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Construction to begin on expansion of Towson Circle development

Look for construction to soon begin on the expansion of the Towson Circle development on Joppa Road near the traffic circle.

Sources say this $35 million extension and redevelopment is ready to launch after several years of uncertainty because of the sagging economy.

The local development team from The Cordish Cos. is planning to turn the space once known as the Towson Hutzler’s department store into a “thriving lifestyle retail project,” according to their website.

Included in the project’s expansion will be a 14-screen multiplex cinema and new retail and office space in a pedestrian-friendly town square design.

Immediate plans call for demolition and site clearing of the vacant former 1st Mariner Bank building and Burger King restaurant on Joppa Road to make way for the growth. A Cordish spokeswoman declined to reveal specifics Thursday, saying instead “we’ll be making announcements shortly.”


Want to connect with your inner William Donald Schaefer?

The late mayor was famous for driving around his hometown streets, taking notes where potholes, trash, broken street lights and other eyesores were located, and demanding repairs in so-called “action memos” sent to agency heads who understood the order to “do it now.”

Now, such vigilance is in the hands of citizens.

City Hall recently set up a mobile application so citizens can make “service requests” by uploading photos of urban nuisances directly to a call-in center. Such requests include: overgrown weeds, graffiti removal, illegal dumping and even suspicions of drug dealing and corner prostitution.

So get snapping, shutterbugs and Schaeferites!

The city’s 311 Mobile App is available for smart phones, and the technology allows the photos to be tagged and vetted with a GPS system, so city crews can go out and take care of matters.


This week, Baltimore City Councilman Carl Stokes introduced legislation to create a charter amendment to cut the property tax rate in the city by 50 percent over the next five years.

If approved, the bill calls for voters to give it a thumbs up or down. For now, the proposal has been sent to the council’s Judiciary and Legislative Investigations Committee for a hearing.

Stokes’ legislation calls for the city to lower property taxes by a minimum of 15 cents each year, beginning in 2013. The reductions would end in 2017, when the property tax rate hits $1.10 per $100 of assessed value. The current rate is $2.268 per $100 of assessed value, the highest in Maryland.

“Baltimore’s high property tax rate has become a major deterrent to living in the city,” Stokes said in a statement.

“Over the last decade we’ve lost more than 30,000 residents and [we] are the only jurisdiction in the state to lose population largely because of crime, a poor education system and enormous property taxes.  I’ve had consultations with economists, real estate experts, business leaders and homeowners who agree that my plan is economically viable and sound.”

The issue was debated during the recent mayoral race, and Mayor Stephanie Rawlings-Blake pledged on the stump to make property tax reduction in Baltimore a focus of her administration. In July, she proposed to divert revenue from a proposed slots parlor in the city to help reduce property taxes by 9 percent over a nine-year period.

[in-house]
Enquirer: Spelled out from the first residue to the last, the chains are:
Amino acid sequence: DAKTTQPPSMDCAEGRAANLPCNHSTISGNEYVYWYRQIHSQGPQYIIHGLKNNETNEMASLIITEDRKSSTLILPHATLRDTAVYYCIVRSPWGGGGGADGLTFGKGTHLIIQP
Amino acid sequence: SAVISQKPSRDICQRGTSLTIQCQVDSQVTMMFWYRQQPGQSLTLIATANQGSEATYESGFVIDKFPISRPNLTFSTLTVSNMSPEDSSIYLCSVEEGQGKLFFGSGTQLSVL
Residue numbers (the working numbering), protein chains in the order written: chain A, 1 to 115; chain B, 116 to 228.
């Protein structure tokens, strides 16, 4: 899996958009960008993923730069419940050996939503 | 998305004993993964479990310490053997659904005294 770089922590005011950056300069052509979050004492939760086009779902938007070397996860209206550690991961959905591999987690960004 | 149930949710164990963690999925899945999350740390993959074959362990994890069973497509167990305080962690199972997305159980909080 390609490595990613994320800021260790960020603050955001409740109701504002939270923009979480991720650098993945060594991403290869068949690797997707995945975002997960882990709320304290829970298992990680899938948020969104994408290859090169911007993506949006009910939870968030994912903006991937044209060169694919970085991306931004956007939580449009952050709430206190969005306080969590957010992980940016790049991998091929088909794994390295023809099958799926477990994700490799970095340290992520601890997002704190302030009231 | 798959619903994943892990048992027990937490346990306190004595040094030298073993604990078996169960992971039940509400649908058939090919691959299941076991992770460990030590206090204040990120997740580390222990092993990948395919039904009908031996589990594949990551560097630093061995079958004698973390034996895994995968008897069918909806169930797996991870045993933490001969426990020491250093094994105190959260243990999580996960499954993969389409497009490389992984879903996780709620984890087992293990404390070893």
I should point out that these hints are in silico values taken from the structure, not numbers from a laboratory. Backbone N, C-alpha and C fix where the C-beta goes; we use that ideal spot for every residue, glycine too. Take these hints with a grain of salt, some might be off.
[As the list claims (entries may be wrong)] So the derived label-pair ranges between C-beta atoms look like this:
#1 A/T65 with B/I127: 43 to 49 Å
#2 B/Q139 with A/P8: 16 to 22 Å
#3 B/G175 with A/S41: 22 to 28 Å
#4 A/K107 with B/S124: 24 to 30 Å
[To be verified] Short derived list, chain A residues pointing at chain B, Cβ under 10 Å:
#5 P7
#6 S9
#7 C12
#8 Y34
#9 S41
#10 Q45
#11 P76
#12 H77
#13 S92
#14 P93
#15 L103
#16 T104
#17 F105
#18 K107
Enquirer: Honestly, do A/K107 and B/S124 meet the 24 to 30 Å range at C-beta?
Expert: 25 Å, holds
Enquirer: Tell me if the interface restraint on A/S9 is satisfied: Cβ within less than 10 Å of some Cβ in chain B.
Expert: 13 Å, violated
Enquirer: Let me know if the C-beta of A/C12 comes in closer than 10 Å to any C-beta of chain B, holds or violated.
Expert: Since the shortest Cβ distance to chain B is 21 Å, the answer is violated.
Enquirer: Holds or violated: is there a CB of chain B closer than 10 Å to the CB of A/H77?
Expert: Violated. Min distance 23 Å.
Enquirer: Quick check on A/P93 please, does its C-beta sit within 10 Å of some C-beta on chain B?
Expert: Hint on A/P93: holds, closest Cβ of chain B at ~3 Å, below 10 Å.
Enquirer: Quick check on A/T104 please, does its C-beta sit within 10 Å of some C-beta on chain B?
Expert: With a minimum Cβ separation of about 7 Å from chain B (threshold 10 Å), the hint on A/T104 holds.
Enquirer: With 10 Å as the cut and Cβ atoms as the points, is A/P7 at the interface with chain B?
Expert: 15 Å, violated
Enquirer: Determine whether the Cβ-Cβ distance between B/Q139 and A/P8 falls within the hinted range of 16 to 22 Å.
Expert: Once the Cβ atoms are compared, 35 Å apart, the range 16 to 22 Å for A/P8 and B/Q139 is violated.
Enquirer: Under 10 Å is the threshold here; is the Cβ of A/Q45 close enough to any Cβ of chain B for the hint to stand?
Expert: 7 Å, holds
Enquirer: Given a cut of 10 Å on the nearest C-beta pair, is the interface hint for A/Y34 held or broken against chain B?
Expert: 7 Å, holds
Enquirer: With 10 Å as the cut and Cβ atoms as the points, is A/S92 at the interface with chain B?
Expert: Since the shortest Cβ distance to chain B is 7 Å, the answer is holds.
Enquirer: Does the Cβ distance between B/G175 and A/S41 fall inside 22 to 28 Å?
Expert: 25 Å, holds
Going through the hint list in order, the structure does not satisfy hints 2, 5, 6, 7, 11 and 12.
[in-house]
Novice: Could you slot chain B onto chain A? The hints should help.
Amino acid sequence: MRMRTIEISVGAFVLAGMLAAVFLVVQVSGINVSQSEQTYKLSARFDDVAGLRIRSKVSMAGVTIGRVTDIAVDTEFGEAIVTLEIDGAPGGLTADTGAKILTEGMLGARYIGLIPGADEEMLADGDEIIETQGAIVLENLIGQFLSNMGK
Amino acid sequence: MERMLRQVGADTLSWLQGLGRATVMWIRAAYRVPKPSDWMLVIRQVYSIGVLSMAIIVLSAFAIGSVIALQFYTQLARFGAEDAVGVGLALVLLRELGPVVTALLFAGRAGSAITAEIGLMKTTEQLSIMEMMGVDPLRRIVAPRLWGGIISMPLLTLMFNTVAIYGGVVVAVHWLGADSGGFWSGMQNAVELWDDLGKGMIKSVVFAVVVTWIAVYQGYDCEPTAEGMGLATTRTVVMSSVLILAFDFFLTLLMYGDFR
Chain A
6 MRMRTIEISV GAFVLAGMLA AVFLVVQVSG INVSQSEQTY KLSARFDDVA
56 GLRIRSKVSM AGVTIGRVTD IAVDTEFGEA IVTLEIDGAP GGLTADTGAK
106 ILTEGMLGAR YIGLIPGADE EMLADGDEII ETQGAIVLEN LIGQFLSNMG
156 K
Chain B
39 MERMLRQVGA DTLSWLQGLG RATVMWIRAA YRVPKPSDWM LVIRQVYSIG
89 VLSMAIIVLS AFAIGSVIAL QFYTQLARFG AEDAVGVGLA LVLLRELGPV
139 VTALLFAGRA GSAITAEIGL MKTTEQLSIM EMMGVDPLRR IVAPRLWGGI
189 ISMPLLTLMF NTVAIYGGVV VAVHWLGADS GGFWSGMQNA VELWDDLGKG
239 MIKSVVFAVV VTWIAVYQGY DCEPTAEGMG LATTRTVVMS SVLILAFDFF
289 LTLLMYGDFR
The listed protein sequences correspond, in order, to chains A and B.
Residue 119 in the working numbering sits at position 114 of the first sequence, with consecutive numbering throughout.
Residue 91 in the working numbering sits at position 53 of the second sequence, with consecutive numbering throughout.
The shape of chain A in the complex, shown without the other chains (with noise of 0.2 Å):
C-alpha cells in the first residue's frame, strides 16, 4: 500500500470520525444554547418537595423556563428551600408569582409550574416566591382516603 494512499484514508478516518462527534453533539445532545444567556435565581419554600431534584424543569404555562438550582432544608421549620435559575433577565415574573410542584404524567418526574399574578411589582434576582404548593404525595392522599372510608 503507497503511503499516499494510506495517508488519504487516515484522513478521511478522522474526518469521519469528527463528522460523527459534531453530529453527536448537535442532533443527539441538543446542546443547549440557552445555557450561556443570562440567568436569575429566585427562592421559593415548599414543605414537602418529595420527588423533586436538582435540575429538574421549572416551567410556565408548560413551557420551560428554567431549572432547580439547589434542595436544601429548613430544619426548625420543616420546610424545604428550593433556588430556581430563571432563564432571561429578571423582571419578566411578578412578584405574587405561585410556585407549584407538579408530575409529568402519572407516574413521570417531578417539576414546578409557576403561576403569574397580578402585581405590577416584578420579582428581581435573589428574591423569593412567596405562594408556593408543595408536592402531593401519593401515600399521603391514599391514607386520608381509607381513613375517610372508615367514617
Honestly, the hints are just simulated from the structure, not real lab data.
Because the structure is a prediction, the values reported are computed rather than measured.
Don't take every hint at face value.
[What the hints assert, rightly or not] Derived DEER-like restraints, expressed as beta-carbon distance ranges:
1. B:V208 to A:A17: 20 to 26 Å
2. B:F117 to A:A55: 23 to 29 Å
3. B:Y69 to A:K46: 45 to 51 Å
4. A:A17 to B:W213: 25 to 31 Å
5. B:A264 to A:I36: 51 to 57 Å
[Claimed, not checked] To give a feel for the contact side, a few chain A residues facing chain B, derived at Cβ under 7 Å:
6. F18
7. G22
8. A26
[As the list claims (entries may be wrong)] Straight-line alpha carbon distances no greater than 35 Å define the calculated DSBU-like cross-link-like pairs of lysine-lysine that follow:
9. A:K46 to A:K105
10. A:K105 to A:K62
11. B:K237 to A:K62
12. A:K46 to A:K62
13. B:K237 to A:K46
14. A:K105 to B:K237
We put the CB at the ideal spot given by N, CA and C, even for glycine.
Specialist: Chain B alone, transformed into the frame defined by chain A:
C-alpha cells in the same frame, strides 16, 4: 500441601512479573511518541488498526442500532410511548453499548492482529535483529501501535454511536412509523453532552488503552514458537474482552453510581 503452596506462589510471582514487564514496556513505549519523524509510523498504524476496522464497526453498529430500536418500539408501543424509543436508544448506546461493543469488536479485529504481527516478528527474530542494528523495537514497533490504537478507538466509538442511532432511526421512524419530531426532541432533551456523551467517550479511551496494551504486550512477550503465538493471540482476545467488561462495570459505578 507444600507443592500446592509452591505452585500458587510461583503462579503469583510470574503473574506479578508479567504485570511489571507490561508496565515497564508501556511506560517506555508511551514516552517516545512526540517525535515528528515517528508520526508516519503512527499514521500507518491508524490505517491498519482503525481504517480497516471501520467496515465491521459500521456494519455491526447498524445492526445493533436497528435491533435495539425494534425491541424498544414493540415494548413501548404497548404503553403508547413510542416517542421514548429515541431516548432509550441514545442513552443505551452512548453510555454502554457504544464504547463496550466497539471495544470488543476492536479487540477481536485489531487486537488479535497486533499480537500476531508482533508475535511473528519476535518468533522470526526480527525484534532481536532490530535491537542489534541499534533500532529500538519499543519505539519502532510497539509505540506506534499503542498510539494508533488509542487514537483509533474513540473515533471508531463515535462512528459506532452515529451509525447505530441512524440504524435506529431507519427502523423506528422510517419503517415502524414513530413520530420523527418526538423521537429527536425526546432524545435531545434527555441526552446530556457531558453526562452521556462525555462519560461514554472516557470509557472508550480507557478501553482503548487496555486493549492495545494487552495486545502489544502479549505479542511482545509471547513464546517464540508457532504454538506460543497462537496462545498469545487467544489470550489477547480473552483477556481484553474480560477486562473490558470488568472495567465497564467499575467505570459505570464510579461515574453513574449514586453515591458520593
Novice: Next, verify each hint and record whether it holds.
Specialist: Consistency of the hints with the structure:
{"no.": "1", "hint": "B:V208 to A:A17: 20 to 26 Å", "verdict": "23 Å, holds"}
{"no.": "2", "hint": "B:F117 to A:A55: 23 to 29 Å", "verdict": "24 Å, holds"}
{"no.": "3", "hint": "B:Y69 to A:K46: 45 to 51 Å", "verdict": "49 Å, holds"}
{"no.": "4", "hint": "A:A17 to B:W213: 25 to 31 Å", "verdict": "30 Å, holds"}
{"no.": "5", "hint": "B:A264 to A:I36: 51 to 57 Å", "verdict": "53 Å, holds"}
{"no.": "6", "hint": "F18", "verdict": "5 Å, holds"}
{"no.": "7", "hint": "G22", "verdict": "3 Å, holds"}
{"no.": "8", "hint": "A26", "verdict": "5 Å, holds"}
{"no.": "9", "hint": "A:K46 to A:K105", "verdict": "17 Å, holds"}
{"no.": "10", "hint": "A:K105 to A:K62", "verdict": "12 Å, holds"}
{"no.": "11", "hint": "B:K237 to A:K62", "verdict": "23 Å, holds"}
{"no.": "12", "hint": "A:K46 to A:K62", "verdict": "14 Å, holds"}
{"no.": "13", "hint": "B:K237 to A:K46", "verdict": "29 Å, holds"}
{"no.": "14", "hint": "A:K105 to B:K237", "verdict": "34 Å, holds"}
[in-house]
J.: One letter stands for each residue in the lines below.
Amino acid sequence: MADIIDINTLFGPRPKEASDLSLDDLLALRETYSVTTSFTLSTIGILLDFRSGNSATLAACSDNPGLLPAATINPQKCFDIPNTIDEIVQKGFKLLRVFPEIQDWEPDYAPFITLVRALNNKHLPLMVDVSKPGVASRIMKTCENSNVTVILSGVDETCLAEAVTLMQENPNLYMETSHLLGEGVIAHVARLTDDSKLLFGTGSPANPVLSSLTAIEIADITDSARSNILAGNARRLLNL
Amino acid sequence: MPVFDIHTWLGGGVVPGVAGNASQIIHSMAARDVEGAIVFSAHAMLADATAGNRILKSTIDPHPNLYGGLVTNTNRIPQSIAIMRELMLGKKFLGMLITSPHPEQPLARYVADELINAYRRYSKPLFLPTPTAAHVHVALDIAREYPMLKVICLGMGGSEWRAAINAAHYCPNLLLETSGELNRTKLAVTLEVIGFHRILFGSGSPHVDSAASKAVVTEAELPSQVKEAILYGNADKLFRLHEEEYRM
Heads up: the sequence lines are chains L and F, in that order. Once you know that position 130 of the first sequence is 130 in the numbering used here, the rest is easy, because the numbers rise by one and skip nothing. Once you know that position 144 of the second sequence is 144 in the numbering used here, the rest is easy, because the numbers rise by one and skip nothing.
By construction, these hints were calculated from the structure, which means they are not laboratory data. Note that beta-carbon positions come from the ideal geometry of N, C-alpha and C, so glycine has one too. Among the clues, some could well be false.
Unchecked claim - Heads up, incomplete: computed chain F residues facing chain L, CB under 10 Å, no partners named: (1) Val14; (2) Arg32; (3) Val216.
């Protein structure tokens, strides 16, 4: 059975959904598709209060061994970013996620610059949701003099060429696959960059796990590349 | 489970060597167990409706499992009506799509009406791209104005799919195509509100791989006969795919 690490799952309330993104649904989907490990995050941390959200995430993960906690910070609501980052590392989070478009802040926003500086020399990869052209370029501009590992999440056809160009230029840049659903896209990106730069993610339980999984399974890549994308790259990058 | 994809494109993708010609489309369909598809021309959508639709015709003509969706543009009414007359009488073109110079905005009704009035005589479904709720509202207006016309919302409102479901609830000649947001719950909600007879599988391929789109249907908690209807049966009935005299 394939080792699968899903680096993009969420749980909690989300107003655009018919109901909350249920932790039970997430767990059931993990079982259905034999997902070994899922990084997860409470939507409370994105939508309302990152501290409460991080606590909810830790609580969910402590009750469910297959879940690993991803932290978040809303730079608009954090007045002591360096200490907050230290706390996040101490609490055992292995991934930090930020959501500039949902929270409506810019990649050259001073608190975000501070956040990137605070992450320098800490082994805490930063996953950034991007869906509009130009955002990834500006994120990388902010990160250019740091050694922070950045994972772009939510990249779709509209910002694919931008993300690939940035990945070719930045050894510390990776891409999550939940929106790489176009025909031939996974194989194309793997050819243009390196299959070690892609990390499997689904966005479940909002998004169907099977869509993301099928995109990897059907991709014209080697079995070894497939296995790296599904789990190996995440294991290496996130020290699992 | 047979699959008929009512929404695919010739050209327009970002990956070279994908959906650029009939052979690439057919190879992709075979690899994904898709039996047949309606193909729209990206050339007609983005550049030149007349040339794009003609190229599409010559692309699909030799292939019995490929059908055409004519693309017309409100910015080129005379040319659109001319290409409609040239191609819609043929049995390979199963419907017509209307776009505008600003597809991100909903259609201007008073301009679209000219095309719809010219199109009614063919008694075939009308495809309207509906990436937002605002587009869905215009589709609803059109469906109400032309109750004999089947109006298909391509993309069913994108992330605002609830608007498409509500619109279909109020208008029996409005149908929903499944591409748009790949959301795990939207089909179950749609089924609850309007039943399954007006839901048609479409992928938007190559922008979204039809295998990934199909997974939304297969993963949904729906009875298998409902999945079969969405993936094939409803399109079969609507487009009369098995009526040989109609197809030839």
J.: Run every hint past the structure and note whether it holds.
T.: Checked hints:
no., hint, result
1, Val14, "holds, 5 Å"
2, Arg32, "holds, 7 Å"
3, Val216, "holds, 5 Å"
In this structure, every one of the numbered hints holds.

Baltimore’s persistent problem of vacant real estate blight was featured on a national news website this week. The Huffington Post showed two photos of the city’s less than enchanting side Thursday.

In a news feature punctuated by a slideshow of decrepit housing and development in several U.S. cities including Detroit, Chicago and Cleveland, the vacant blots on the landscape that make up some of East Baltimore’s many abandoned rowhouses were highlighted. Check out the photos here.

TIDBITS: Commercial RE brokers Marcus & Millichap recently closed a $4 million deal in Odenton on a two-acre property to house an M&T Bank branch. The property is located at 1351 Blair Dr. … Hogan Companies of Annapolis recently brokered the sale of 24 lots of Bayfront at Rehoboth Beach for $1.2 million. The 258-acre, 180  lot waterfront community overlooks Rehoboth Bay… Mackenzie Commercial Real Estate Services brokered a new lease for the Ivy Bookshop II LLC, in Lake Falls Village last month. The small, independent bookseller leases 2,271 square feet there and recently changed ownership… The maintenance Olympics? Continental Realty Corp. won 22 out of a possible 27 awards at the regional qualifying competition for the 2012 Maintenance Mania championship, sponsored each year by the Maryland Multi-Housing Association. The competition is held in several cities. It challenges maintenance and service technicians in things like installing door jams and refrigerator gaskets, replacing parts of a ceiling fan, swapping out a toilet fluid master and substituting a new CO detector. Continental’s Sam Gilley, who handles maintenance activities at Oaklee Village Apartments in Catonsville, placed first in the overall competition for the second straight year and Mike Hook, who works for Courthouse Square, finished second overall.

FOODIE WATCH: Sophie’s Crepes has opened up a new location on York Road across from the historic Senator Theatre … In Abingdon, the owners of a new Joe’s Crab Shack are putting finishing touches on their new location near the Wegmans on Route 924 … Ikaros Restaurant, a Greektown mainstay, is moving to a new location one block away on Eastern Avenue. The move, first reported in The Sun, will allow the brothers who own Ikaros to expand and modernize the well-worn eatery known for seafood, lamb and spinach pie.